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2D-3D reasoning and augmented reality

SRI has a strong portfolio of 2D-3D reasoning. This includes navigation and mapping using 2D and 3D sensors such as video and LIDAR.

In recent years, machine learning has significantly improved the semantic understanding of the 2D and 3D data. Incorporating semantics enables a new class of algorithms for navigation, Simultaneous Localization and Mapping (SLAM), geo-registration, wide-area search, augmented reality, data compression, 3D modeling, and surveillance. 

Semantic and GPS-denied navigation

CVT has developed highly efficient low-drift localization and mapping methods that exploit visual and inertial sensors. SRI has supported a large portfolio of programs and spin-offs using this technology. CVT has also incorporated high-level learning-based semantic information (recognition of objects and scene layouts) into dynamic maps and scene graphs, improving accuracy, efficiency, and robustness in our state-of-the-art navigation systems.

Map with color coded route overlays

Changes in lighting and weather significantly effects vision algorithms. CVT has developed a novel deep-embedding approach to project image data into a high-dimensional feature space with geo-spatial coherence to learn features that are invariant to weather and time of day. CVT processed two million images from thousands of webcams worldwide to learn how a scene changes over time (i.e., across day, night, and seasonal changes) via this approach. These learned embeddings incorporate scene semantics for contextual reasoning, which enables highly reliable image retrieval across extremely large reference image databases.

Geo-registration is the process of matching video to previous geo-reference data sources such as satellite imagery or LIDAR. CVT has worked across multiple government programs to perform high-precision geo-registration with and without GPS for aerial and ground platforms. CVT has also leveraged recent advances in machine learning to extract semantic features that can be matched across large viewpoint variations and changes in sensing modalities.

Long-range, wide-area, augmented reality

CVT has combined the localization and geo-registration methods described above with low-powered, compact, ruggedized hardware to create wide-area augmented reality applications. CVT has extended its augmented reality capabilities to work over multiple square kilometers while in GPS-challenged environments. This also includes long-range 3D occlusion-reasoning for augmented reality applications.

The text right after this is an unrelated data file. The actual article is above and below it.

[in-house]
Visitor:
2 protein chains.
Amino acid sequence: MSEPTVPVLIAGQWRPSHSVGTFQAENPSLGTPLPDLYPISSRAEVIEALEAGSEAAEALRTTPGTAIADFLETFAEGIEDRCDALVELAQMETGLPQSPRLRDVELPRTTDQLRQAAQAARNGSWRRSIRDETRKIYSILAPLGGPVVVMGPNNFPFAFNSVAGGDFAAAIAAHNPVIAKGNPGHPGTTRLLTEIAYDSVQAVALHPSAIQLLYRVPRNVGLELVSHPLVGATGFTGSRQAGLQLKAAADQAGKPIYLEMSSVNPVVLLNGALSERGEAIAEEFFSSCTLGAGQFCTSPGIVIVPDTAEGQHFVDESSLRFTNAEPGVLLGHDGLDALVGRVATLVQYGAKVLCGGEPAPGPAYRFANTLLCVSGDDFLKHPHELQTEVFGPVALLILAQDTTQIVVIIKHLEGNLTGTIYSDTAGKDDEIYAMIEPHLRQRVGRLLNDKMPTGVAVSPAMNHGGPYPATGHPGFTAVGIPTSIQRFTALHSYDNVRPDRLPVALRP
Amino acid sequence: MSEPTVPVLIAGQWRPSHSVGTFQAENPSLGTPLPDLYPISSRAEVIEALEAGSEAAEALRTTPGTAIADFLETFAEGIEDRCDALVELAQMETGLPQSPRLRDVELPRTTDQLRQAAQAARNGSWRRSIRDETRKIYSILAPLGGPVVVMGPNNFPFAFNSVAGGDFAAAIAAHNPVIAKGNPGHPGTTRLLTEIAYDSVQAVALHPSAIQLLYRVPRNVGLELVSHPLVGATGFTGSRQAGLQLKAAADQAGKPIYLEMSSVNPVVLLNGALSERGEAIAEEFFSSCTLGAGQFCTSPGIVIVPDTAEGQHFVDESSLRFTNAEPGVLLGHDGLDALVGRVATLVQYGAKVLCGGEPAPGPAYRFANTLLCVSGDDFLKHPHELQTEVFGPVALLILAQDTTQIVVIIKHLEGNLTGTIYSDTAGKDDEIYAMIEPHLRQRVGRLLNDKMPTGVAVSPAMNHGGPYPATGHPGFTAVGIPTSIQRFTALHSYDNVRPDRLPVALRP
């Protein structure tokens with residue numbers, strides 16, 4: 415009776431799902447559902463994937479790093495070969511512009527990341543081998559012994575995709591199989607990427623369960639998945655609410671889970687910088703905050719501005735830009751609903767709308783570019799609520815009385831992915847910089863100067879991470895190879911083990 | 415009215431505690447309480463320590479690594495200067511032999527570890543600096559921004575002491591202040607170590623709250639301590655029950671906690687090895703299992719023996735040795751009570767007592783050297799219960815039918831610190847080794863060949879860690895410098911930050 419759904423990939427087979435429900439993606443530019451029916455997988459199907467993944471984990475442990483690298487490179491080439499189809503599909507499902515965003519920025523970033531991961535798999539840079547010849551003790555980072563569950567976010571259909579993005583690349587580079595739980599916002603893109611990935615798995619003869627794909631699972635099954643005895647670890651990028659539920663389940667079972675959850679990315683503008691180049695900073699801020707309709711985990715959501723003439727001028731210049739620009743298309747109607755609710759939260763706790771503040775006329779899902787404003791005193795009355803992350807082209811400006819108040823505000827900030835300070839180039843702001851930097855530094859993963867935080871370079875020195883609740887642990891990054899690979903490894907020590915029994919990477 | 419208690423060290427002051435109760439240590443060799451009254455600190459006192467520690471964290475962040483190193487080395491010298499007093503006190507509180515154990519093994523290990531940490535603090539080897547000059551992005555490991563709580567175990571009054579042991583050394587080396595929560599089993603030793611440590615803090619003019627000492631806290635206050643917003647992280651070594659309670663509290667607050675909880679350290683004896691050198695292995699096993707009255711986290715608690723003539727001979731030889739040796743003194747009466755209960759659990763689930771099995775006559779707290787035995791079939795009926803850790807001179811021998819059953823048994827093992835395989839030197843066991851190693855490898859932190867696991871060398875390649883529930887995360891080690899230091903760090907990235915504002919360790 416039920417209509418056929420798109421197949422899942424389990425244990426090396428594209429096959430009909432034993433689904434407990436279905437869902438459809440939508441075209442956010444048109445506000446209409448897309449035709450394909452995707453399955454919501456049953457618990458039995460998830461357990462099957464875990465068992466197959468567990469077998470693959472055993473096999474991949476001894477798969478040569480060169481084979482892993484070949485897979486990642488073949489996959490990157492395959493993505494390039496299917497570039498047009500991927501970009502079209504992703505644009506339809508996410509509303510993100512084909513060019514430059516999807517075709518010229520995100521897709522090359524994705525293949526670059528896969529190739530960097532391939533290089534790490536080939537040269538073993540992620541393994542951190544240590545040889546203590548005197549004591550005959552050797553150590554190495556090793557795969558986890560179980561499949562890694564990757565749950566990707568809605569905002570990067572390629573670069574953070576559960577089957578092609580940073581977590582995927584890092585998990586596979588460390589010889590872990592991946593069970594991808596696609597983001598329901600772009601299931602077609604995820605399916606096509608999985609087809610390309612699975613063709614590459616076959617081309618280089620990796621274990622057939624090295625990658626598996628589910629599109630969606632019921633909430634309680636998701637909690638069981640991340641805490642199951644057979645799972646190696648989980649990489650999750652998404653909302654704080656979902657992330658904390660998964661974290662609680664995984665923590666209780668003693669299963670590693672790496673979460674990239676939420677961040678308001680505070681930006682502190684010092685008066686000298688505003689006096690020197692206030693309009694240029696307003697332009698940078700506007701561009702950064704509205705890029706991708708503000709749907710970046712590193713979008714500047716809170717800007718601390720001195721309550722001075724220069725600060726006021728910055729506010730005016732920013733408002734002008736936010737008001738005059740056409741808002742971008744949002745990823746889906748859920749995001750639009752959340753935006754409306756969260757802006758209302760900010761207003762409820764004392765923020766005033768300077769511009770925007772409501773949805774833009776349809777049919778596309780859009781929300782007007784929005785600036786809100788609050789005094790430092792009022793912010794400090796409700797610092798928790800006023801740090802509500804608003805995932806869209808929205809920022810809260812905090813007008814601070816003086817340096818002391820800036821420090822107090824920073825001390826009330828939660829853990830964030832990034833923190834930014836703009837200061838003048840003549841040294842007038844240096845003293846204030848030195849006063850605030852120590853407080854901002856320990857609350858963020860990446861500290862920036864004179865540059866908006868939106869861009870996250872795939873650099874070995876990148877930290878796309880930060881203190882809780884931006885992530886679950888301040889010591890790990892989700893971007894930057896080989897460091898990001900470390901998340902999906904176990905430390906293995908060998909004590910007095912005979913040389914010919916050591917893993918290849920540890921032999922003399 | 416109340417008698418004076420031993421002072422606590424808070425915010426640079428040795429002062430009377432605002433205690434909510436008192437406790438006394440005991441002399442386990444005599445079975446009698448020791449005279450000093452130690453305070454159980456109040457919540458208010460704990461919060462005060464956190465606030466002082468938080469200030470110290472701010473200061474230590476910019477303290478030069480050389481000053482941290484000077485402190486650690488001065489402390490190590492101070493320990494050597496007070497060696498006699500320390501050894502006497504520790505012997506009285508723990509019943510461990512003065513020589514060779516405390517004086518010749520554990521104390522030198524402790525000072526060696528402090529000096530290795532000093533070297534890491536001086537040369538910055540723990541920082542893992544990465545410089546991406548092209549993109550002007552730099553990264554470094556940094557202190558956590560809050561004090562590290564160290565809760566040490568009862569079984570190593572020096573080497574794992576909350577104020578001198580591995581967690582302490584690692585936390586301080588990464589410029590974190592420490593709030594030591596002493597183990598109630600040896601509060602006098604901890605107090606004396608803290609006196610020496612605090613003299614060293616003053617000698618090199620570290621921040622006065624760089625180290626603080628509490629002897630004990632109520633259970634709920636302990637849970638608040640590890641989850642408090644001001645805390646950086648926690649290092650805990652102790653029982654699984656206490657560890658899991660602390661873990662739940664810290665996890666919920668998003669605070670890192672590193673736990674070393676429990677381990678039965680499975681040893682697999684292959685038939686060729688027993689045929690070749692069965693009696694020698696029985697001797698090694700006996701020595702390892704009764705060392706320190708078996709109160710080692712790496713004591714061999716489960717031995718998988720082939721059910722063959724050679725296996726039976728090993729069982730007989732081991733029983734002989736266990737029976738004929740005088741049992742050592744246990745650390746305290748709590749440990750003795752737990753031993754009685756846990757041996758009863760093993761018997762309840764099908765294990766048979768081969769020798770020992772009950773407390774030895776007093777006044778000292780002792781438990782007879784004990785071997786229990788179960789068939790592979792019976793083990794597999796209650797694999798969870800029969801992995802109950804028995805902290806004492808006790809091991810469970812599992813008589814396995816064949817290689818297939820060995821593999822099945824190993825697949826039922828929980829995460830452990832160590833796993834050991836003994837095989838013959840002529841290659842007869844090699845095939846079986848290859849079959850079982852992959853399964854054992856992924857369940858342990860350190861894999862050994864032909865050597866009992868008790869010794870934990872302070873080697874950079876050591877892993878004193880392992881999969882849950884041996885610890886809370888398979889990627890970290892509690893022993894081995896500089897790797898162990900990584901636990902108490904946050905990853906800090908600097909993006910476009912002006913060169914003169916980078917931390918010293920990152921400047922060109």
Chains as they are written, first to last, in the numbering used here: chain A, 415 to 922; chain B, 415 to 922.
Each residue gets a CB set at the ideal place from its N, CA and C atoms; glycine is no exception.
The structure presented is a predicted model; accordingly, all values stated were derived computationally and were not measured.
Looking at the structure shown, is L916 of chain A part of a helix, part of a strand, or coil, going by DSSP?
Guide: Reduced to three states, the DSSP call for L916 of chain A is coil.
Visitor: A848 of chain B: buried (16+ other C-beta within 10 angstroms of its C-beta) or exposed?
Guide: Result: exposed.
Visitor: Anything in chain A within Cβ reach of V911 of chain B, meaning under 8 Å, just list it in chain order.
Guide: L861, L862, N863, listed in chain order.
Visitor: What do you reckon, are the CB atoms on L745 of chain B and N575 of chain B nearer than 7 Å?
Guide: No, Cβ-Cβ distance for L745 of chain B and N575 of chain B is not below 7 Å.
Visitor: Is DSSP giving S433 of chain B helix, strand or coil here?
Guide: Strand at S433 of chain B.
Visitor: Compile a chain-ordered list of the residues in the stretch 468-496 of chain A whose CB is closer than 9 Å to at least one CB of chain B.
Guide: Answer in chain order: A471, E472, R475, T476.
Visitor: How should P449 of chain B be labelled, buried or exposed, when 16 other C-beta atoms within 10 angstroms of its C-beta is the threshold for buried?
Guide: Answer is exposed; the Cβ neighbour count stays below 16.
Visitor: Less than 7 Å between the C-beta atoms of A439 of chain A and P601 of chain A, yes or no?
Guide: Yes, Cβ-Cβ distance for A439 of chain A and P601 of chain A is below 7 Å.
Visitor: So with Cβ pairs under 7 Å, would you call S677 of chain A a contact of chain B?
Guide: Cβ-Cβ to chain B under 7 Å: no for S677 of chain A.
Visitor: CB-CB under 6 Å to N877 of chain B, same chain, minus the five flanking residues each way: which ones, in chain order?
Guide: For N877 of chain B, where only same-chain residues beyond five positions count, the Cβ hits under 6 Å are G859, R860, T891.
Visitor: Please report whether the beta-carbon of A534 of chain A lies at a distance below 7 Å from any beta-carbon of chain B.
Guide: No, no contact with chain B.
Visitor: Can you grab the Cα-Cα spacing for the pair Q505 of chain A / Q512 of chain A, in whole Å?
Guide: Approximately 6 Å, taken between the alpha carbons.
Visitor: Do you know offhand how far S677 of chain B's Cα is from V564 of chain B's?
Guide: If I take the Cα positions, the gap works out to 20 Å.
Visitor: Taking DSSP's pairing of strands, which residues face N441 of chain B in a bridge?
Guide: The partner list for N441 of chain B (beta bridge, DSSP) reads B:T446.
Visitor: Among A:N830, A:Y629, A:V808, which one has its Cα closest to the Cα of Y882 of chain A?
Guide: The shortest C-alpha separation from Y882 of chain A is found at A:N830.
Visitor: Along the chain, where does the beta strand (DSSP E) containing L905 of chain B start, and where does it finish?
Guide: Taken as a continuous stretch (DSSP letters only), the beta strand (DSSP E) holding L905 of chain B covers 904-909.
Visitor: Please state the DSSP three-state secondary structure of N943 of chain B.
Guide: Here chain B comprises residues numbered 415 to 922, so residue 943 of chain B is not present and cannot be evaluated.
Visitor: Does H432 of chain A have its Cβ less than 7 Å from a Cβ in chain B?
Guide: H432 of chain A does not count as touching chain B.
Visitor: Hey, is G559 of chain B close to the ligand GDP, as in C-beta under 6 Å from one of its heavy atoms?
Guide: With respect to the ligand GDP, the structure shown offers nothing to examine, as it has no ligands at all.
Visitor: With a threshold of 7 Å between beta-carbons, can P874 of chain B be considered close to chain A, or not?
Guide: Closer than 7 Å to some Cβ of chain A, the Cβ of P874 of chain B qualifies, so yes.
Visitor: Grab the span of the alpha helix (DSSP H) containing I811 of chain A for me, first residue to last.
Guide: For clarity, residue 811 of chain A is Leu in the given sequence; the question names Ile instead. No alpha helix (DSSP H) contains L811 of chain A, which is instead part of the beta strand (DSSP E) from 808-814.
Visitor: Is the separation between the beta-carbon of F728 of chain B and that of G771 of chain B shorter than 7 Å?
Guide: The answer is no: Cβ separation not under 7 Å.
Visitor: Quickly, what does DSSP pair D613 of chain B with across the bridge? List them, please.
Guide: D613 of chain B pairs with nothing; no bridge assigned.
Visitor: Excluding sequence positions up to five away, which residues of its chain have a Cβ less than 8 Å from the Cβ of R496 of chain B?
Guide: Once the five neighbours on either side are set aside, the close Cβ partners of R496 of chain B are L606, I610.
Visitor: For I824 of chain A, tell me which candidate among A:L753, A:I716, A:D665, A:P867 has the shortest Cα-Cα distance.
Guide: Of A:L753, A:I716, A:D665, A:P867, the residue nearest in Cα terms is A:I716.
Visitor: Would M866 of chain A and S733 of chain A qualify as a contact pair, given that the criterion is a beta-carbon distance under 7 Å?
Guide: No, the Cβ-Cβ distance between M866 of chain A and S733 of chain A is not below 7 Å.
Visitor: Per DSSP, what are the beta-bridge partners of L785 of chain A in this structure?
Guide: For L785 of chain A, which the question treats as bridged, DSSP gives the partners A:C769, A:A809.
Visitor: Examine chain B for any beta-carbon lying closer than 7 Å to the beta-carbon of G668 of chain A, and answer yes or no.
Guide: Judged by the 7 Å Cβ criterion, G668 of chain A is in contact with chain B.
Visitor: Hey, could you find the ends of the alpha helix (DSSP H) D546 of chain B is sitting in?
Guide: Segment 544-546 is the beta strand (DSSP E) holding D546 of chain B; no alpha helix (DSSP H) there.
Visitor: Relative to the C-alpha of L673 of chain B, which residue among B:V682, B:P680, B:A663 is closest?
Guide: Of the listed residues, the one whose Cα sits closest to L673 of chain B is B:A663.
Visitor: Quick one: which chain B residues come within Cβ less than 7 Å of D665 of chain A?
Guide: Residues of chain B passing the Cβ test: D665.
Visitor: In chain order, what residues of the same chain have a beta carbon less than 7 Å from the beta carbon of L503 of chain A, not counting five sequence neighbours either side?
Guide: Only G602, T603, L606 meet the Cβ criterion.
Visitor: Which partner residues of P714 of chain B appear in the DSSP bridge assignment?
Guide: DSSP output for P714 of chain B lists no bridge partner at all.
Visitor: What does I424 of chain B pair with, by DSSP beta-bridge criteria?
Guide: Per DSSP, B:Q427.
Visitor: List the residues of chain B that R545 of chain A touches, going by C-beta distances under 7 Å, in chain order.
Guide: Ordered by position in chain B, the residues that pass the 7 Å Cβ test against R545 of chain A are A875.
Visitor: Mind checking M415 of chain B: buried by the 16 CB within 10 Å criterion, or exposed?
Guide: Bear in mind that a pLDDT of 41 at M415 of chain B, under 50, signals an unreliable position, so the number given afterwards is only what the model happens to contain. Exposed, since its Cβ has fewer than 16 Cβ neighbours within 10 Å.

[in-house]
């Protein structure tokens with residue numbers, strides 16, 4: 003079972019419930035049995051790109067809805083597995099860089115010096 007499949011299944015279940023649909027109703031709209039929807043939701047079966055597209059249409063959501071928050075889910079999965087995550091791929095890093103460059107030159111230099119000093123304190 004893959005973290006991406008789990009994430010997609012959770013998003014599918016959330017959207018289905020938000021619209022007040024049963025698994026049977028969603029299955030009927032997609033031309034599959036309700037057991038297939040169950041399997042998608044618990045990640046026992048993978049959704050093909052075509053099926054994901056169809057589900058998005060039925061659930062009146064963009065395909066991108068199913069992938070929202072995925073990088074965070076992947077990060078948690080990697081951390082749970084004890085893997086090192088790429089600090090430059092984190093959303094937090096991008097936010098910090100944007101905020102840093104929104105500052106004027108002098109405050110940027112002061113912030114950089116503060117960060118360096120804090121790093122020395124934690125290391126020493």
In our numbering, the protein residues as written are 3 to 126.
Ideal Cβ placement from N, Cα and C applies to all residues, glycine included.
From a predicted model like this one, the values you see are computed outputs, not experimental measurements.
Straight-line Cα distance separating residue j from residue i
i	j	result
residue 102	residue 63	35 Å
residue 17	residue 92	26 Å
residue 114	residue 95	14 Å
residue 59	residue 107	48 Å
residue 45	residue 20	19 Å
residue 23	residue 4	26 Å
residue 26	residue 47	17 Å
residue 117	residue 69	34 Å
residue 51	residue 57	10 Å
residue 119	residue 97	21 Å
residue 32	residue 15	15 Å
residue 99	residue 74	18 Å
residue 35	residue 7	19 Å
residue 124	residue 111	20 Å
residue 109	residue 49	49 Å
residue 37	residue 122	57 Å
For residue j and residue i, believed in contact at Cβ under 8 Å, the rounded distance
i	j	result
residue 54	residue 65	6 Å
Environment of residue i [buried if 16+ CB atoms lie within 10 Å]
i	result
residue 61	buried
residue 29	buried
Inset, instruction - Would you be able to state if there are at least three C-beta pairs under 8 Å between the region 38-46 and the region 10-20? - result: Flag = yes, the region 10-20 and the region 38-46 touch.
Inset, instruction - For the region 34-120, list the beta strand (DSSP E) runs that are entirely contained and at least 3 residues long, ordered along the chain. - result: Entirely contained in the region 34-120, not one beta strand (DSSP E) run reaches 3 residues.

3D scene classification and modeling

CVT has developed extremely robust 3D scene classification methods over the last decade. These methods have now transitioned to Department of Defense (DoD) programs of record and commercially available software packages. Working with the Office of Naval Research (ONR), the U.S. Army and the National Geospatial-Intelligence Agency (NGA), CVT is now developing the next-generation 3D scene-understanding methods using machine learning. These methods incorporate top-down and bottom-up contextual reasoning and human-specified geographic rules within the learning process.


3d-scene-class

The robust scene-understanding methods have enabled us to re-visit 3D compression methods that are widely available today. By incorporating knowledge about different feature classes (such as ground, building and foliage), we can achieve significantly better bit rates in the compression of 3D data.

Surveillance

CVT’s work in change detection supports deployed improvised explosive devices (IEDs). These algorithms look at multiple passes of video data to detect change signatures of buried roadside IEDs. The recent integration of machine learning-based road-detection methods has significantly improved our change detection performance. SRI is developing novel anomaly detection and anomaly-guided change detection methods for next-generation systems. Specifically, CVT is developing a transformer-based joint spatiotemporal model encompassing multiple space and time resolutions. Transformer networks enable retention of properties of various data modalities, namely geography, weather, seasonal variations, knowledge of typical events and activities of interest, thus providing modularity that enables multimodality, scalability, and explainability.

CVT has developed an end-to-end pipeline that fuses multi-modal data in deep embedding space for specific tasks—such as target detection and recognition—by directly optimizing target metrics and learning the optimal contribution/control of each mode to the results. This pipeline has been applied to different modalities, including electro-optic/infrared images, hyperspectral imaging, and LIDAR/RADAR data. CVT has also incorporated scene-contextual information to further improve performance of the target task.

CVT created a new approach to continually acquire, fine-tune and transfer knowledge to optimize tasks such as target classification. Our approach advances state-of-the-art transfer learning and continual learning methods to create an in-situ algorithm-training environment to streamline the training of classifiers to new, unknown sensor data in real time.

Our work

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